Traditionally a vessel was raised by hammering silver sheet over an anvil. The hammer marks would be filed out to produce the best possible smooth surface.

Registration mark

A diamond shaped mark, first introduced during The Great Exhibition in 1851, to denote the date that a design of particular interest was first registered. This system continued into the 1870's when a numbering system replaced the diamond mark. These symbols were not restricted to silver, but can also be found on wood, glass, china and other metals.


Embossed decorations hammered from behind as opposed to chasing where silver is hammered from the front.  A famous contemporary sculpture created with this technique is the Statue of Liberty The statue was formed by copper repoussé in sections using wooden structures to shape each piece during the hammering process.  See Embossing.

Silver gilt

A thin covering of gold over solid silver. See Vermeil.

Silver shield or let-in shield

Since it was not practical to engrave Old Sheffield Plate because the copper underneath would be exposed, a section of solid silver or 'shield' was set into the surface for engraving.


A method of producing circular shapes such as bowls, plates and cups from sheet silver. The ancient Egyptians were the first to employ this process. The silver sheet is held against a wooden or metal former and spun on a lathe where a tool is then used to press the silver up on to the former.

Spoon warmer

A Victorian invention used at a time when kitchens were often a long way from the dining room. A variety of articles that could contribute to keeping food warm were essential. Spoon warmers were often made in the form of a nautilus shell, although other designs do exist. They were filled with boiling water and left on the table. All serving spoons were put inside until needed for serving and enabling the food to remain warm in rooms that were much colder than today.

Spun wrap

To produce a thick or hollow rim, the edge of the silver is turned back on itself.


Forming silver items such as plates and cutlery, using presses and dies.

Sterling silver

The standard alloy of 925 parts of pure silver to 75 parts copper that gives it durability and workability. See Britannia Standard.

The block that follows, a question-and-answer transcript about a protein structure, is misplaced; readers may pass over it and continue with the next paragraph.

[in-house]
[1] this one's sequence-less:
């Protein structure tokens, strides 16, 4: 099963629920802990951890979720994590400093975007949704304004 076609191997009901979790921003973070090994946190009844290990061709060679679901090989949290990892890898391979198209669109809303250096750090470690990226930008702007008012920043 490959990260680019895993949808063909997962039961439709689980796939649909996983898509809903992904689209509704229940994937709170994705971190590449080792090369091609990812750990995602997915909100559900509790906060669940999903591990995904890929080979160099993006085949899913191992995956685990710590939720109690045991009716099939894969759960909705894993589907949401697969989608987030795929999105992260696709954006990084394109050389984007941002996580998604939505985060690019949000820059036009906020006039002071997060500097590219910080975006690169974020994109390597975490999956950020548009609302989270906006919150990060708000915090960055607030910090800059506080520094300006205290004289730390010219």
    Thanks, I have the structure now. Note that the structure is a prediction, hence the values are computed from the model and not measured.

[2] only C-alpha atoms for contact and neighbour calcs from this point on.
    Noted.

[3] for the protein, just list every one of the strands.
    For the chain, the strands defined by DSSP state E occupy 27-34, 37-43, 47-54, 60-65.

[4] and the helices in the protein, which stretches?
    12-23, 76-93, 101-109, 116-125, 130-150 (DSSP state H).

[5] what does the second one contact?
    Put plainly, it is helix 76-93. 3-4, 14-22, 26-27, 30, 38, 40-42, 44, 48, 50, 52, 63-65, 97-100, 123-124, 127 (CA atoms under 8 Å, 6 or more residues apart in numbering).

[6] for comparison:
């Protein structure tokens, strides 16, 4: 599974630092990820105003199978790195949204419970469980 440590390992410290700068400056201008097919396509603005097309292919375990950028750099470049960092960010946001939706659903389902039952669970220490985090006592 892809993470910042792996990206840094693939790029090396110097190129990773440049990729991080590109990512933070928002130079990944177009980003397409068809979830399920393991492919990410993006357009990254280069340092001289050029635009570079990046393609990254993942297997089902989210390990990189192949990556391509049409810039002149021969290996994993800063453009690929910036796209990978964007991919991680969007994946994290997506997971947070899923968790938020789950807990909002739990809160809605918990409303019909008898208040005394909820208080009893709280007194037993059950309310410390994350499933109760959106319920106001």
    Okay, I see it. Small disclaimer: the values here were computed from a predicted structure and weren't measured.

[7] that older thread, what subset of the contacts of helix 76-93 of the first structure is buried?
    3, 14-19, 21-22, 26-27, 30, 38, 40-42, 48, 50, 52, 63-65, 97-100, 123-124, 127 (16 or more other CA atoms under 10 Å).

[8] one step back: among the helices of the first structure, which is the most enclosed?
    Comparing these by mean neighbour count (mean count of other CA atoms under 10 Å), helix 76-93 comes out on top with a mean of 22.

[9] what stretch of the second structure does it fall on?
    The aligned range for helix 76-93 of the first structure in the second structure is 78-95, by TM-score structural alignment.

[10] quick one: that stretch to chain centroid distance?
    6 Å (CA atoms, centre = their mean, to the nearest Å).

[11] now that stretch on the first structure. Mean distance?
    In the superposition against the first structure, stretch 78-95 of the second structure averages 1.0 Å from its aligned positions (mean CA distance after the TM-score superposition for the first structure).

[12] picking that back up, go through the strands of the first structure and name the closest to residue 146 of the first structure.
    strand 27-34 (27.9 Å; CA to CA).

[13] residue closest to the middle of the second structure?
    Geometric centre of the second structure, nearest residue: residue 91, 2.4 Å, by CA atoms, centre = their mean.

Stirrup cup

A drinking cup handed to a mounted huntsman, often cast in the form of his quarry.


A lockable frame containing decanters usually made in wood or silver-plate. I t was designed to prevent the servants or children of the household from tippling while the master was away. Its name was derived from the eponymous Greek mythological figure who was subjected to a particularly ingenious form of punishment in Hades, denying him the possibility of quenching his thirst. He was made to stand in a waist deep lake, but the waters receded each time he bent to drink from it.

Taper stick

A small candlestick used to hold a narrow candle for melting sealing wax. 


The natural process of silver reacting with moisture and chemicals in the atmosphere.

Tea caddy

When first imported to England in the late 1600s tea was very expensive. This was compounded in the 18th century with heavy taxation, so lockable tea caddies were always in demand. Occasionally the lid was designed for use as a tea scoop or measure.


A cost-cutting method used in the Old Sheffield process where tin is used instead of silver for unseen areas such as the interior of a teapot or the underside of a tray.

Triple plate

As the name implies, triple plate is one thickness less than quadruple plate.

Troy ounce

Precious metals are traditionally weighed in troy ounces. A troy ounce is equivalent to 31.1035g, slightly heavier than an imperial ounce.


The French term for silver gilt.

Wall sconce

A wall mounted candleholder.

Wax jack

Becoming popular in the 18th century, was jacks were kept on the desk and used to melt the sealing wax onto letters and also as an additional form of light. The wax jack frame was fitted with a spiral candle roll made of soft wax that could be extended by twisting the jack handle.

Whalebone handle

Twisted whalebone was introduced for punch ladles from 1740 onwards and used instead of silver and wood.

Wick trimmer

Scissor-action candle snuffers often incorporated the wick trimmer too. The scissor action extinguished the wick and the sprung blade trimmed it keeping the trimmings in the box shaped mechanism.